I'd find it hard to believe there are any "companies" out there using Korean children to farm items in any MMPROG.  It's not worth it money wise, legally, not to mention kids here tend to go to schools(public and private) from 7am to about 10-11pm 6 days a week.
Quote:
Originally Posted by
South Korea's economy is actually starting(well has been) doing better than the US economy if you look at the exchange rate changes over the last few years. The won/dollar rate has gone from 1200 about 3 years ago to around 950 now, about a 30% difference.
Just a point: The exchange rate doesn't tell you which economy is doing better, by itself. A stronger dollar doesn't mean a better US economy, and a weaker dollar doesn't mean a weaker US economy.

--matt
the_logos is offline   Reply With Quote
Old 03-26-2006, 02:28 AM   #30
Baram
Member
 
Baram's Avatar
 
Join Date: Jan 2006
Location: Seoul
Home MUD: Tears of Polaris
Posts: 218
Baram is on a distinguished road
Quote:
Originally Posted by (the_logos @ Mar. 26 2006,14:36)
Quote:
Originally Posted by (Baram @ Mar. 24 2006,21:39)
Standard of living is basically the same, though the average salary is still a bit lower(but so are the costs of living, so it equals out).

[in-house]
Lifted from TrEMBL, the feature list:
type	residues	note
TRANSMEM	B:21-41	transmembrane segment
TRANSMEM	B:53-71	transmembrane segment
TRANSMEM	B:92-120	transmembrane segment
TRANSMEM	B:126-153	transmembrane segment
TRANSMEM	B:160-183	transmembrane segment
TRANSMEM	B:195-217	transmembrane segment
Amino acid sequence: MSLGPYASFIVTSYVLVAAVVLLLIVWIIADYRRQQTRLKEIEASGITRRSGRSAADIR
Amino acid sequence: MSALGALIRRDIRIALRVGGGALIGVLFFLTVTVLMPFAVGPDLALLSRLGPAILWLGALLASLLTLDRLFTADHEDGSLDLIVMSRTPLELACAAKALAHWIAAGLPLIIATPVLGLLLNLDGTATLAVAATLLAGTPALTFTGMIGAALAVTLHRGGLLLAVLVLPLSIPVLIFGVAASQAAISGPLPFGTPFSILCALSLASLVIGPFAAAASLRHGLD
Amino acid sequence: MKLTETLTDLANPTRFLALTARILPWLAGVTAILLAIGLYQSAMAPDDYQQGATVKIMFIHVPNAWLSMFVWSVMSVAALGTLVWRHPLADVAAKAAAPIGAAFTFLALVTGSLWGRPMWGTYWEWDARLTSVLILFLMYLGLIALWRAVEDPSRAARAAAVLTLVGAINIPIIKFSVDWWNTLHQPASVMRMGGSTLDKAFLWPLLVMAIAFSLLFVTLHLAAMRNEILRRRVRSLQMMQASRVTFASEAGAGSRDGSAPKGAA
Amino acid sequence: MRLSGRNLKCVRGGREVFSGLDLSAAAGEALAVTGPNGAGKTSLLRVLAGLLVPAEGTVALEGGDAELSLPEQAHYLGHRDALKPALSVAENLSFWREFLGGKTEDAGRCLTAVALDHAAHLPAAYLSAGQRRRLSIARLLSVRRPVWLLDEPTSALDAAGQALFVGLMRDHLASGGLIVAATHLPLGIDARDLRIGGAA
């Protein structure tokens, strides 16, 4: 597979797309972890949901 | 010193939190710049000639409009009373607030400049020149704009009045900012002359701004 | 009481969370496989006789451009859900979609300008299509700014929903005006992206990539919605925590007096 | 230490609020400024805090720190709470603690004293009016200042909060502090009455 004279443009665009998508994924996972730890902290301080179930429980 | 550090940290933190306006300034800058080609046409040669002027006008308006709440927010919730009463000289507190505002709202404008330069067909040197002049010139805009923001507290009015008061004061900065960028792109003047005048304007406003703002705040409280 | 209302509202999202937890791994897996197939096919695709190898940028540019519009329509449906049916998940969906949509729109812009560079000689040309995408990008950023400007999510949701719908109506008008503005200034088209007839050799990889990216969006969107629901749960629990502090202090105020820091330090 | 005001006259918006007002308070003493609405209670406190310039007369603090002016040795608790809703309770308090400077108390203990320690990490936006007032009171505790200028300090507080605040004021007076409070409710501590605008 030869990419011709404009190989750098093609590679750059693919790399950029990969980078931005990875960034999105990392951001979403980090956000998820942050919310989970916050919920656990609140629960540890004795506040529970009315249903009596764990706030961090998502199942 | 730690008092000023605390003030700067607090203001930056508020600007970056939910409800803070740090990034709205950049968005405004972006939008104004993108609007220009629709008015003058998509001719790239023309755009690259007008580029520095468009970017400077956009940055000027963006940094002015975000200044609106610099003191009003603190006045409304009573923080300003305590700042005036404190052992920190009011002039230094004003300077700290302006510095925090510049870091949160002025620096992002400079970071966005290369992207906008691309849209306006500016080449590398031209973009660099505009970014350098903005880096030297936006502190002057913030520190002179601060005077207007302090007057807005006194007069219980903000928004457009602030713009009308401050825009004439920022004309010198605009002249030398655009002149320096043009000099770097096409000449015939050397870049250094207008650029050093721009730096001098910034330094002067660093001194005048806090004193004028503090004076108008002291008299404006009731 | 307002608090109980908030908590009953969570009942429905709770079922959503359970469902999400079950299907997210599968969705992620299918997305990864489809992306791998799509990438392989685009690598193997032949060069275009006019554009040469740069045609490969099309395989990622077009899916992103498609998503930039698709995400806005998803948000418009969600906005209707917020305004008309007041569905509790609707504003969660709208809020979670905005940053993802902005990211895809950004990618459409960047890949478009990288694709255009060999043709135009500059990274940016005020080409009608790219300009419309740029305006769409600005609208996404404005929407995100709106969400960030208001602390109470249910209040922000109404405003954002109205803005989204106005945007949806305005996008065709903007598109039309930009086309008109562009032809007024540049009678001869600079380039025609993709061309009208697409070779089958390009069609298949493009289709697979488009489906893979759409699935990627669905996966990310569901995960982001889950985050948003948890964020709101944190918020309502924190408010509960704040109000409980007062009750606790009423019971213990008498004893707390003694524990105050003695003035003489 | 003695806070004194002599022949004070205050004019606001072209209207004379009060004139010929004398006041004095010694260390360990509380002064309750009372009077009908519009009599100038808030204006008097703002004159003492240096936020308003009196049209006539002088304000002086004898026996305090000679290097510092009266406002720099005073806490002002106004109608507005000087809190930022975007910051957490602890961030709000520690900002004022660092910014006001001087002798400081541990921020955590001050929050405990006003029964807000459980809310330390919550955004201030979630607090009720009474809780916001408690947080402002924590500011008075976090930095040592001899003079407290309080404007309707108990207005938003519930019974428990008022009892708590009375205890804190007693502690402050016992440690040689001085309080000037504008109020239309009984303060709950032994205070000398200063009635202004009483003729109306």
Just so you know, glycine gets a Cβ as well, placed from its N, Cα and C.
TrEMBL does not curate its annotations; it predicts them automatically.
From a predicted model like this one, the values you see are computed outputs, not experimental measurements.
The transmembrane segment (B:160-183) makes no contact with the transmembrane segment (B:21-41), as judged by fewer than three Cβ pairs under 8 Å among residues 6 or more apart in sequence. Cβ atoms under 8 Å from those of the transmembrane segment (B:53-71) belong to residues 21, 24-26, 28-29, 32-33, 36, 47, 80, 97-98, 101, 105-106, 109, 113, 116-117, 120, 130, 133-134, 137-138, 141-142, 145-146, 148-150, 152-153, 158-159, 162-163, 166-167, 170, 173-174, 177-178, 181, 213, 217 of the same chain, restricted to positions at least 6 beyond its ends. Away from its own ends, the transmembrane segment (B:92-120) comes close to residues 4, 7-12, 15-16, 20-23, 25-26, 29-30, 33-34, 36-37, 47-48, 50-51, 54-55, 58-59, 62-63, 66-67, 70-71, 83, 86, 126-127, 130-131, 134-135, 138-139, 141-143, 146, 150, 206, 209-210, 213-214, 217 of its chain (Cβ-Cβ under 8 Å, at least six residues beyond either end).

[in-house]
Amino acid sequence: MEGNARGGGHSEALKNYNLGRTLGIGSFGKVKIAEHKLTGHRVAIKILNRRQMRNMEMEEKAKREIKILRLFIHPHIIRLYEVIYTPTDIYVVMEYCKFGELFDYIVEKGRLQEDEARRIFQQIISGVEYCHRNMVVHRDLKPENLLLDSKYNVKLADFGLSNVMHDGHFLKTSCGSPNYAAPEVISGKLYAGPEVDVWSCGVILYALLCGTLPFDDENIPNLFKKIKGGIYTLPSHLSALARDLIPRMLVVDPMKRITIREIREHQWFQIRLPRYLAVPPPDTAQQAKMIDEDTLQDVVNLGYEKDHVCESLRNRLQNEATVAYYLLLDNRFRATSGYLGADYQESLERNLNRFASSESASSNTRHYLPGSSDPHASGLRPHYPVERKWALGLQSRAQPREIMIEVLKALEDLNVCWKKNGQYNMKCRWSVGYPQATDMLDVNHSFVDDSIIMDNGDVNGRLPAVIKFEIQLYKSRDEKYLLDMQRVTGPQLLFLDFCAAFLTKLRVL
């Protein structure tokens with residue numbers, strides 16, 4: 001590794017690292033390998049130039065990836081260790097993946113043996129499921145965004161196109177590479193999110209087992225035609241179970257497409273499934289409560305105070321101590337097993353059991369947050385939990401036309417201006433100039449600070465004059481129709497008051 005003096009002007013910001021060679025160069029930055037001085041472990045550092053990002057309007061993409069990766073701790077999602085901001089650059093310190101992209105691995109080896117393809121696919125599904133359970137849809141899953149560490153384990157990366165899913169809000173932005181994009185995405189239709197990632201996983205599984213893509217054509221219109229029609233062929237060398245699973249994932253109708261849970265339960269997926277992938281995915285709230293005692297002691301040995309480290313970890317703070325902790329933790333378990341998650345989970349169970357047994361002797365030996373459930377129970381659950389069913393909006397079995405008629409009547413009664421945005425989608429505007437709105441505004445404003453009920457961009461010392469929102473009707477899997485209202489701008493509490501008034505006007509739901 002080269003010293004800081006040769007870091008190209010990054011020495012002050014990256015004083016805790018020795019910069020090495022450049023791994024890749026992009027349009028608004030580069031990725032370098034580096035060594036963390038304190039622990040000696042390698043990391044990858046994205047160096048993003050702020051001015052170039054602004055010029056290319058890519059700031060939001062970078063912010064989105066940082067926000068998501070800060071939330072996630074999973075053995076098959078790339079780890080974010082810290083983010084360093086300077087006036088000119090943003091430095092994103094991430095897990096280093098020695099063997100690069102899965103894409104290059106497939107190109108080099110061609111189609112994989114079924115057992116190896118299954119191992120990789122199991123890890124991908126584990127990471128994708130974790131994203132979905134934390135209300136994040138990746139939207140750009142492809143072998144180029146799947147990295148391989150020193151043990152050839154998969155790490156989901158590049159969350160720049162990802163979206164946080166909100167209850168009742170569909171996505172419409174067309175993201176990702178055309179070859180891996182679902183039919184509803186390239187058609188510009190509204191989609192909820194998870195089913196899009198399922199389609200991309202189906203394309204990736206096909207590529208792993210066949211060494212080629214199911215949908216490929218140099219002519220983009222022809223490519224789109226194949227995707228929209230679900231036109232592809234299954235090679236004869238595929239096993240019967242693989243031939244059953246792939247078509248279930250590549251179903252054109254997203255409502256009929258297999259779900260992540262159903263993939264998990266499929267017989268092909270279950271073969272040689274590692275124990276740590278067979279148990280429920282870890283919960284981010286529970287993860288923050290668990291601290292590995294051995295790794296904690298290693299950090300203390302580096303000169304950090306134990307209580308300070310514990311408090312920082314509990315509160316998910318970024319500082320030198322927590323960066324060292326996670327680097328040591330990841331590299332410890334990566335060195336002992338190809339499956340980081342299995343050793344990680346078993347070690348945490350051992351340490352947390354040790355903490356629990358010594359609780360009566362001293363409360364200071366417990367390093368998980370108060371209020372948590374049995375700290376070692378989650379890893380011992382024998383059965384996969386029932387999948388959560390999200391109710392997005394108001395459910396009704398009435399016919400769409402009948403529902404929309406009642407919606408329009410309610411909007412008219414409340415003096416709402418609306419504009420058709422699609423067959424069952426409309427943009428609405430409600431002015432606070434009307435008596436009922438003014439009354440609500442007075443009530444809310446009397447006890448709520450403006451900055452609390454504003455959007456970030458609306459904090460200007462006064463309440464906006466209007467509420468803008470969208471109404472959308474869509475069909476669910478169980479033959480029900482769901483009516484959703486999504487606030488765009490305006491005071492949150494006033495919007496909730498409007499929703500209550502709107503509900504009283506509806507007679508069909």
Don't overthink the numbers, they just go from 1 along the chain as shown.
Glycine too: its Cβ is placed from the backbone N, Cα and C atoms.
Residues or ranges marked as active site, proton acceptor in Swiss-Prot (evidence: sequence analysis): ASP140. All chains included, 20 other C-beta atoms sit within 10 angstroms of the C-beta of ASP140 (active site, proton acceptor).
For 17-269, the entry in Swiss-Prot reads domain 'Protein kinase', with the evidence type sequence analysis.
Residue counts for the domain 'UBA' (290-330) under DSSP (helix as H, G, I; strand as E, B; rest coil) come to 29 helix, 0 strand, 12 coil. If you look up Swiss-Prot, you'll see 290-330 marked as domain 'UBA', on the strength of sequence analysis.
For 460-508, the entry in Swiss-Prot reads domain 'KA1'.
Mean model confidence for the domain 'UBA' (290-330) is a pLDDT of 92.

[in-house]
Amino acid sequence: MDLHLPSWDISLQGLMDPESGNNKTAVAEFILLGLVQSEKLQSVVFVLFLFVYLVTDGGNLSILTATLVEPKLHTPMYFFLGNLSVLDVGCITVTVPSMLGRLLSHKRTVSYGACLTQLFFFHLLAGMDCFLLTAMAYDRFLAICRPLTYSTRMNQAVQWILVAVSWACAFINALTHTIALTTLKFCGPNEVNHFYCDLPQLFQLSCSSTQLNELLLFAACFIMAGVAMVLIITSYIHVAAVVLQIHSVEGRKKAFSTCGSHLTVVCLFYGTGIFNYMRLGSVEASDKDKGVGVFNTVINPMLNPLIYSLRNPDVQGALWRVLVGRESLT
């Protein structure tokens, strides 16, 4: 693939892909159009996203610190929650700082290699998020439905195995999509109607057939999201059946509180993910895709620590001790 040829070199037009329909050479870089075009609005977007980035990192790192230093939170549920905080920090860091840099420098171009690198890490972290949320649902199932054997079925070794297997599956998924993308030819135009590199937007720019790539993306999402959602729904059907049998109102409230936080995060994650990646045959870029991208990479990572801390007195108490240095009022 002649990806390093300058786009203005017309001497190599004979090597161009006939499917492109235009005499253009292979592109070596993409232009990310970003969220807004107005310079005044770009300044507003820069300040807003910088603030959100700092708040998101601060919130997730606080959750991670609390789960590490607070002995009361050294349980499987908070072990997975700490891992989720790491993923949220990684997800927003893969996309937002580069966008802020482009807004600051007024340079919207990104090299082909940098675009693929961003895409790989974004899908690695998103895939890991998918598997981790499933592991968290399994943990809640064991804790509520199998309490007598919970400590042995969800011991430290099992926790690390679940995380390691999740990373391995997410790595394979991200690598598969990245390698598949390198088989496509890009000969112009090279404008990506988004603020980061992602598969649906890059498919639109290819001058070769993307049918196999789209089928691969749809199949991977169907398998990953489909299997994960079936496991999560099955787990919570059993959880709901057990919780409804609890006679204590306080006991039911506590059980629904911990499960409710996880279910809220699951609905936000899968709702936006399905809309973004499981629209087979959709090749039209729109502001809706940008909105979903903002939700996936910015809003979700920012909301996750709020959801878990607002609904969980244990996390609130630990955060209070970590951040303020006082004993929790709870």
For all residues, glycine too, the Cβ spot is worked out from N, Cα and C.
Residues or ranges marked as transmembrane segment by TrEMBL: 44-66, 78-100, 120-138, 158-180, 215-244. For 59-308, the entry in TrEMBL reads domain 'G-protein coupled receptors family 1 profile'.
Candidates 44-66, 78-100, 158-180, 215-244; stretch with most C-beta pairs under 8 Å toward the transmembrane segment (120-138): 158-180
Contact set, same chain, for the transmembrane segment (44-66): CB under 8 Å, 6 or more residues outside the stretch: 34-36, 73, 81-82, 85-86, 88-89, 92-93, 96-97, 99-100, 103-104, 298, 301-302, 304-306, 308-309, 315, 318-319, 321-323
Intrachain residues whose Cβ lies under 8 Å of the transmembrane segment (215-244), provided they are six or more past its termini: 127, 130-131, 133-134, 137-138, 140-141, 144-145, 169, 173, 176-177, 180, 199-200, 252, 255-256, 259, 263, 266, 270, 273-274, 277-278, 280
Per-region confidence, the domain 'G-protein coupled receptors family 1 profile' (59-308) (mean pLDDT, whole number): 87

I'd find it hard to believe there are any "companies" out there using Korean children to farm items in any MMPROG. It's not worth it money wise, legally, not to mention kids here tend to go to schools(public and private) from 7am to about 10-11pm 6 days a week.
Quote:
Originally Posted by
South Korea's economy is actually starting(well has been) doing better than the US economy if you look at the exchange rate changes over the last few years. The won/dollar rate has gone from 1200 about 3 years ago to around 950 now, about a 30% difference.
Just a point: The exchange rate doesn't tell you which economy is doing better, by itself. A stronger dollar doesn't mean a better US economy, and a weaker dollar doesn't mean a weaker US economy.